6. Reduce LDL cholesterol
The soluble fiber in pumpkin is also beneficial for lowering cholesterol and triglycerides. Pumpkin seeds can help with cholesterol too. Like many other seeds, pumpkin seeds are naturally rich in phytosterols that have been shown to reduce LDL (bad) cholesterol.
7. Reduce diabetes risk
Due to the high magnesium content, pumpkin seeds can also help to regulate blood sugar levels, reducing the risk of diabetes. A study conducted by the Department of Nutrition, Harvard School of Public Health, found that consuming magnesium-rich foods may significantly reduce the diabetes risk.
An observational study involving over 127,000 men and women found that diets rich in magnesium were associated with a 33% lower risk of type 2 diabetes in men and a 34% lower risk in women.
Another study using rats, published in the Bioscience, Biotechnology, and Biochemistry in 2009, found that pumpkin contains substances called trigonelline and nicotinic acid which may help improve insulin resistance and slow the progression of diabetes.
8. Weight loss
Pumpkins are high in fiber and one cup serving of pumpkin contains only 49 calories, meaning it can keep you fuller longer on fewer calories. Research has found that adding pumpkin to your diet is effective for weight reduction programs.
9. Good for skin
Pumpkin contains vitamins C and E, as well as beta-carotene, all of which have been found to play an important role in maintaining a healthy skin.
Vitamin C and E are two well-known antioxidants that helps protect the skin from free radical damage, which can lead to wrinkles and even skin cancer. Vitamin C is also required for the production of collagen, which overtime can improve skin tone and elasticity.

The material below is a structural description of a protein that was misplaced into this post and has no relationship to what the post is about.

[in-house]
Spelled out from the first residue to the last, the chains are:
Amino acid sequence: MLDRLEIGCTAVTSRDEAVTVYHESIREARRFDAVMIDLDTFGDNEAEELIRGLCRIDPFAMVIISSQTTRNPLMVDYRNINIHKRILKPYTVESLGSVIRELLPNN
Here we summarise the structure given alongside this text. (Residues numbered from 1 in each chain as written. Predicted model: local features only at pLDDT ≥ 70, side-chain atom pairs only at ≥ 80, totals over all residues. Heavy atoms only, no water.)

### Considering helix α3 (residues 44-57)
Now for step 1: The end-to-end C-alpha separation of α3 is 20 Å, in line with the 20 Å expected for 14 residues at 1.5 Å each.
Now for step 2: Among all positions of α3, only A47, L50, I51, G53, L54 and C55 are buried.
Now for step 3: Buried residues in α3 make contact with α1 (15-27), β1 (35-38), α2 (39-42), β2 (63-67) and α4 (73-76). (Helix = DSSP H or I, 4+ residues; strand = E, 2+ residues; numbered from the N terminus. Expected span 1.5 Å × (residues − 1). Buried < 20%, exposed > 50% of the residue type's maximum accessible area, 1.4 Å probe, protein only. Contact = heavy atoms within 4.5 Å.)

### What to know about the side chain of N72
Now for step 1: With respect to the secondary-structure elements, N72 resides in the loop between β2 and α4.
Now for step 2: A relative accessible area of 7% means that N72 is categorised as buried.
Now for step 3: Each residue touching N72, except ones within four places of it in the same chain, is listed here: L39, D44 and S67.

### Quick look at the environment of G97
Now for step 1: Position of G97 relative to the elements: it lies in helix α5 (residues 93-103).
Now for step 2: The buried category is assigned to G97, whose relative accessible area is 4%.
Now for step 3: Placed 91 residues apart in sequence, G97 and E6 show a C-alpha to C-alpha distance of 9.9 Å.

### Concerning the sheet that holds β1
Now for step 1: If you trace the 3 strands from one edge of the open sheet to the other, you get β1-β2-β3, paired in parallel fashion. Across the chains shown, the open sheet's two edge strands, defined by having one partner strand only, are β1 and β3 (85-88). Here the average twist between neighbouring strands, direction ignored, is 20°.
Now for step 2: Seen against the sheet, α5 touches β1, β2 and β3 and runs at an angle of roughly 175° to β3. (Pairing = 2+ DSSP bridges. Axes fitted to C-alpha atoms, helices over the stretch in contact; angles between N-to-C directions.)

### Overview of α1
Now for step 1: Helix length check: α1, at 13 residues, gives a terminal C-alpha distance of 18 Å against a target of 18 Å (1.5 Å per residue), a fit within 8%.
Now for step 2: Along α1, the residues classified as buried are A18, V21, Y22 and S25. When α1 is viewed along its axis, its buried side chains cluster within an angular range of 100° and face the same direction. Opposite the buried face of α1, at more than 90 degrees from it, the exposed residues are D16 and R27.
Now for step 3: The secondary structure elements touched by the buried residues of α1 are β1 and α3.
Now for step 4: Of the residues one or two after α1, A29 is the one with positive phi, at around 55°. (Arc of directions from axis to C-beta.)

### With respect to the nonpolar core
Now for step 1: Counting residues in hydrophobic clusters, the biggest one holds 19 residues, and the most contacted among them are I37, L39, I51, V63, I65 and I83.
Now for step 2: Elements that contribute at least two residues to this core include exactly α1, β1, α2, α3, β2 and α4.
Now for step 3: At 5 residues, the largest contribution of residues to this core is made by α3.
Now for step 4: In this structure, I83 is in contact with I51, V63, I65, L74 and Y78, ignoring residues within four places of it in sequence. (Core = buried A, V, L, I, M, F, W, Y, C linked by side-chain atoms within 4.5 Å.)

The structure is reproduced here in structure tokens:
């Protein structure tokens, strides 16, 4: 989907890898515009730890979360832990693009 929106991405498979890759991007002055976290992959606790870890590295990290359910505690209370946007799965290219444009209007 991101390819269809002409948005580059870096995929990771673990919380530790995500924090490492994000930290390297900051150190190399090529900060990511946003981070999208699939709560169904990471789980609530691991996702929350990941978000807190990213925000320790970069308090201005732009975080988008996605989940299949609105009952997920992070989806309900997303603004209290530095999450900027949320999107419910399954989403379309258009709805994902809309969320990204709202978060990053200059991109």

A good intake of antioxidant beta-carotene in your diet like pumpkin has been shown to help reverse UV damage and improve skin texture.
10. Promote sleep
Pumpkin seeds are one of the top sources of tryptophan, an essential amino acid that is needed to synthesize serotonin, a neurotransmitter that regulates mood, sleep and behavior.
Consuming around 1 gram of tryptophan daily could help you sleep better.
Even though pumpkin seeds contain more tryptophan than almost any other food, you would need to eat around 7 oz (200 grams) of pumpkin seeds to get the necessary 1 gram of tryptophan.
In addition, pumpkin seeds are an excellent source of magnesium. Adequate magnesium levels have also been associated with better sleep.
Few studies have found that taking a magnesium supplement improved sleep quality and total sleep time in people with low magnesium levels.
So, eating a handful of pumpkin seeds a few hours before bed may be especially beneficial for providing your body with the fuel it needs to promote an optimal sleep.
How to Select and Store Pumpkin
When buying pumpkins, look for smaller varieties that are free of any blemishes or bruises, and are heavy for their size and have their stems intact. Larger pumpkins intended for decoration and are less flavourful than the smaller varieties that are intended for consumption.
If you plan on keeping them for as long as a month, gently clean the surface of the pumpkin with hot water and a clean cloth, then promptly wipe them completely dry. Pumpkins typically store well for up to 2 to 3 months, if you keep them at a cool temperature, between 10 and 12ºC.